Anyone who engages in any type of sport or recreational activity generally understands the risks of getting hurt or injured. Football in particular has received much notoriety regarding the dangers of concussion injuries among players. Throughout football season, fans watch repeatedly as players take severe blows and are carried out on stretchers, only to return to the game mere weeks later. Among the various types of personal injuries that occur, head and brain injuries are among the most common and have the potential to cause serious and lingering aftereffects. Recent controversy in the National Football League has served to not only increase awareness of the problem regarding sports concussions, but also raises awareness of how often these types of injuries go unreported.

Controversy Over NFL Research and Concussions

According to a March 2016 report on sports concussion in the New York Times, research the NFL has conducted into the incidence of these types of injuries is drawing fire for failing to report the extent of cases that occur. Even with helmets, concussions and brain injuries are a major concern for athletes. Increases in public awareness have prompted accusations that the NFL and sports organizations in general fail to completely address the problems related to these types of injuries, and the ill effects they cause to players. Sources in the report stated that when it came to collecting data on how often these injuries occur, the NFL altered or suppressed the numbers. The long term effects and damages resulting from head injuries and concussions have become a serious liability in the sports arena, and the NFL was forced to pay out more than $765 million in settlements related to lawsuits filed by retired players who claimed the NFL covered up the risks players faced on account of these injuries.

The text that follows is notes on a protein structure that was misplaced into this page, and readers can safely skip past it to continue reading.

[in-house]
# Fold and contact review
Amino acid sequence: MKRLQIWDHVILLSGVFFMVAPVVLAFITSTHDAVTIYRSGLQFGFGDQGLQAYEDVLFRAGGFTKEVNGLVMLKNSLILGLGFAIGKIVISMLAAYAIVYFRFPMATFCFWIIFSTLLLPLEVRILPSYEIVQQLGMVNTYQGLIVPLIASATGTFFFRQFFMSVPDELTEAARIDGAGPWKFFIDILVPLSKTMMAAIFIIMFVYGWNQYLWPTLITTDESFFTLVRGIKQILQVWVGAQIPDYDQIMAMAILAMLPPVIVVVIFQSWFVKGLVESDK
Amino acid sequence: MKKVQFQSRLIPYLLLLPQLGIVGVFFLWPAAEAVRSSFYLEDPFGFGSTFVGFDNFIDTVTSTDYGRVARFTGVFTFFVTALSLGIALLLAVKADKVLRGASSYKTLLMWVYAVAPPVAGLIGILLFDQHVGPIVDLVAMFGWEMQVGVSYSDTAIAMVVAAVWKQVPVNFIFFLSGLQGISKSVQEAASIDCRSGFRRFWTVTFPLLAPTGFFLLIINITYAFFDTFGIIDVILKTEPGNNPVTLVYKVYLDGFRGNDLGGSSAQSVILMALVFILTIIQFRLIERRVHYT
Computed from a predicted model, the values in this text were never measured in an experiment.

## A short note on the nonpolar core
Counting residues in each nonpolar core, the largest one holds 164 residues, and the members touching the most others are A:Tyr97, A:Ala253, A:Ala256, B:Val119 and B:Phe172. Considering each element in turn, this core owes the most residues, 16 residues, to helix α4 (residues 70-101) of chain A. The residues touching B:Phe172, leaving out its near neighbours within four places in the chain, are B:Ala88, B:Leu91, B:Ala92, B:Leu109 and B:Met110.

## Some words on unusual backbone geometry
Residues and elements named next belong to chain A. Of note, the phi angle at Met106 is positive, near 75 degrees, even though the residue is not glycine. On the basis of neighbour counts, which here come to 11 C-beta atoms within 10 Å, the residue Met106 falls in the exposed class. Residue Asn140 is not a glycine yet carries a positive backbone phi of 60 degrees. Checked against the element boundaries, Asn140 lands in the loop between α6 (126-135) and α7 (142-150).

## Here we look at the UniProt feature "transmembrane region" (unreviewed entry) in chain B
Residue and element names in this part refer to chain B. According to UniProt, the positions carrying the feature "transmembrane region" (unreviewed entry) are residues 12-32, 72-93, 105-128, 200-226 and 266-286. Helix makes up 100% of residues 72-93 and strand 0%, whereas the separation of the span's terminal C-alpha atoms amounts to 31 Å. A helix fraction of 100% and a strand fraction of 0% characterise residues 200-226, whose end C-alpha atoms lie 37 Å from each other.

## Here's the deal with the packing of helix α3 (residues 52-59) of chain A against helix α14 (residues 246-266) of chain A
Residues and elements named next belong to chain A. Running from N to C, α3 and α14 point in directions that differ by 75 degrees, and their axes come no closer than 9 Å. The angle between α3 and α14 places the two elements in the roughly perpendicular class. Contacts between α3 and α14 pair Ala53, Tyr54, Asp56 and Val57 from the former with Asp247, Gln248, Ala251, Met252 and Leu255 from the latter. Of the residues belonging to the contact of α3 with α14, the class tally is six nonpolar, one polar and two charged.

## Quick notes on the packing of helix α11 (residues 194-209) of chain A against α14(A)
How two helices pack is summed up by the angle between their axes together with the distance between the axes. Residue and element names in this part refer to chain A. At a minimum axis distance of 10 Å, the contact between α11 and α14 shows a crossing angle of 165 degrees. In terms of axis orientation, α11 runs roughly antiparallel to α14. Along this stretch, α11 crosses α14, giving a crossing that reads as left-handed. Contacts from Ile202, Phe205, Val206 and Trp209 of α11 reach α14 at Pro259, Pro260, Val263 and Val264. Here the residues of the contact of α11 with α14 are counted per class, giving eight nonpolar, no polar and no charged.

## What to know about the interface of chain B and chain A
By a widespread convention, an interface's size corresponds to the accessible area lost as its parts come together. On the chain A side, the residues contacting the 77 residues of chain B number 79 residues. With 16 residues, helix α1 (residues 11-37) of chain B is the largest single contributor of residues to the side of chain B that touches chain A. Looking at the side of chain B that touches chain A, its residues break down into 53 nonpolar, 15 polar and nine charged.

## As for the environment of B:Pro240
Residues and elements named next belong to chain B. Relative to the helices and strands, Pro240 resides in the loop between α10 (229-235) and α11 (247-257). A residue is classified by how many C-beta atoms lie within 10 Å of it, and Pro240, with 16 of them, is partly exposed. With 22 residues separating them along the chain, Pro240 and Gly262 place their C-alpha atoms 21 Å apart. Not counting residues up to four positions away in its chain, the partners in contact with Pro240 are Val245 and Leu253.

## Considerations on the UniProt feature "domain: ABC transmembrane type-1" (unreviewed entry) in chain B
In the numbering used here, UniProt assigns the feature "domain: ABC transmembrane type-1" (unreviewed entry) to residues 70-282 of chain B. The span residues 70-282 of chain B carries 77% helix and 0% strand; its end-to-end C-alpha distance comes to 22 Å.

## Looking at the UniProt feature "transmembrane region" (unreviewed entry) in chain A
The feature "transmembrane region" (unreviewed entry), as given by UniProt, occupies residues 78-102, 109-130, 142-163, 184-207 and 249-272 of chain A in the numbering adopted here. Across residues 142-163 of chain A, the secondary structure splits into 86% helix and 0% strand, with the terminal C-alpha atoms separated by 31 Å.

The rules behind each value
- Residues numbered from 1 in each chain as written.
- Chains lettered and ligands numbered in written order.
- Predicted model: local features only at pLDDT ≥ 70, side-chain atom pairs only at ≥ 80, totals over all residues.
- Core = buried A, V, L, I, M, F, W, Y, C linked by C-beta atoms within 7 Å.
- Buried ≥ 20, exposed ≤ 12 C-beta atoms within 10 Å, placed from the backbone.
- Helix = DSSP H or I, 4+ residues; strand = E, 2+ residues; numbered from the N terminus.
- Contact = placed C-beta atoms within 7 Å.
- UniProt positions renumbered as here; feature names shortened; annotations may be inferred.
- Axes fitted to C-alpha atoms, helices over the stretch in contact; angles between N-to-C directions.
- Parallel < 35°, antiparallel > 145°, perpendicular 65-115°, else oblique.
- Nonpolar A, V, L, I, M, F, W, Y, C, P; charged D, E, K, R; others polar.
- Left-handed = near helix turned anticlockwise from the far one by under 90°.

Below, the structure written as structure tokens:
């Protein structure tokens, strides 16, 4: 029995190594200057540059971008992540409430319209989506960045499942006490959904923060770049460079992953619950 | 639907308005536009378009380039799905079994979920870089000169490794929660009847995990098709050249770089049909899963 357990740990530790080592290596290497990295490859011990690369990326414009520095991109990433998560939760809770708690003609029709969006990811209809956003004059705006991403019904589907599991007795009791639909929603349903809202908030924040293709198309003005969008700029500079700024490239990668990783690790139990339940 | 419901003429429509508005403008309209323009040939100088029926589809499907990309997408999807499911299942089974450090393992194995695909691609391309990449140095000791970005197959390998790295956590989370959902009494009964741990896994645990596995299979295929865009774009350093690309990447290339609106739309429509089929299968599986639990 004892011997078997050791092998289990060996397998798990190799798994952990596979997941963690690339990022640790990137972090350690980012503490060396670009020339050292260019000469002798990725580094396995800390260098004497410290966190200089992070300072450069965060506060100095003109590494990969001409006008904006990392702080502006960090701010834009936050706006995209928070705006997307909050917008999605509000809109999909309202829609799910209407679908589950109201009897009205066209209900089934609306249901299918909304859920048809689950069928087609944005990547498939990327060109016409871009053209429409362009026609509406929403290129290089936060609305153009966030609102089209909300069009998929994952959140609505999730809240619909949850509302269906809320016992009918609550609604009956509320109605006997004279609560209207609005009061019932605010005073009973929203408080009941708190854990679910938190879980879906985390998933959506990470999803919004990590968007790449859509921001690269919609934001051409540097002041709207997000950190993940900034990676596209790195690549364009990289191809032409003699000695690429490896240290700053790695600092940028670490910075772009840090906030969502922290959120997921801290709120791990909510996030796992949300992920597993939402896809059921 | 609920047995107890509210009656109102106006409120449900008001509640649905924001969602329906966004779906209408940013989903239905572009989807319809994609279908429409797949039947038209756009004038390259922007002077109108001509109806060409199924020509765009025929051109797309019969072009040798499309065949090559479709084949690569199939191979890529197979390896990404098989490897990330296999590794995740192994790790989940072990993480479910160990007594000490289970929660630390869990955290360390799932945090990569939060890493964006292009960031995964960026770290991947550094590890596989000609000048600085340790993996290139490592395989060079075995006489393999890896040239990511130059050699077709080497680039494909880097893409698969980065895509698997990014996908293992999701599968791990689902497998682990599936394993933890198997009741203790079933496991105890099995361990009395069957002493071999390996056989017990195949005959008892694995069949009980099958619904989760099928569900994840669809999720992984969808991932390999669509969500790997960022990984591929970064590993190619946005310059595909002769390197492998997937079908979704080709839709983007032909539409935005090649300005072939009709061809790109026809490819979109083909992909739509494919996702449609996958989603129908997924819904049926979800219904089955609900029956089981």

How Concerns Over Concussion Injuries Affects Children and Youth Sports

It is not just pro football players who face significant risks of suffering serious and potentially disabling concussions. According to the Centers for Disease Control and Prevention (CDC), more than two million people suffer from head and brain injuries each year in the United States, and many of those affected are children and young people. The rate of youth sports-related concussions has increased by nearly 50 percent over the last decade, prompting schools, recreation centers, and youth leagues to be more cautious and conscientious when dealing with these injuries. The CDC Heads Up program offers important tips for parents, coaches, and staff on how to identify the symptoms of concussion, guidelines for treatment, and information on how to know when a player is recovered enough to return to play. Failing to be aware of the impacts a concussion can have on an athlete could mean that school and community sports programs could be held liable for any injuries that do occur.

Contact Our Experienced Florida Injury Attorney 

If you or someone you care about has suffered a head or brain injury as the result of an accident or due to someone’s reckless or negligent conduct, contact our experienced Florida injury attorneys. At Hogan Frick, we provide aggressive legal representation to assist you in getting compensation for the injuries you suffered. You may be dealing with heavy medical expenses, as well as potentially long term disabilities which could impair your ability to interact with family and loved ones or engage in activities you once enjoyed. Get the help you need at a time like this by contacting Hogan Frick today.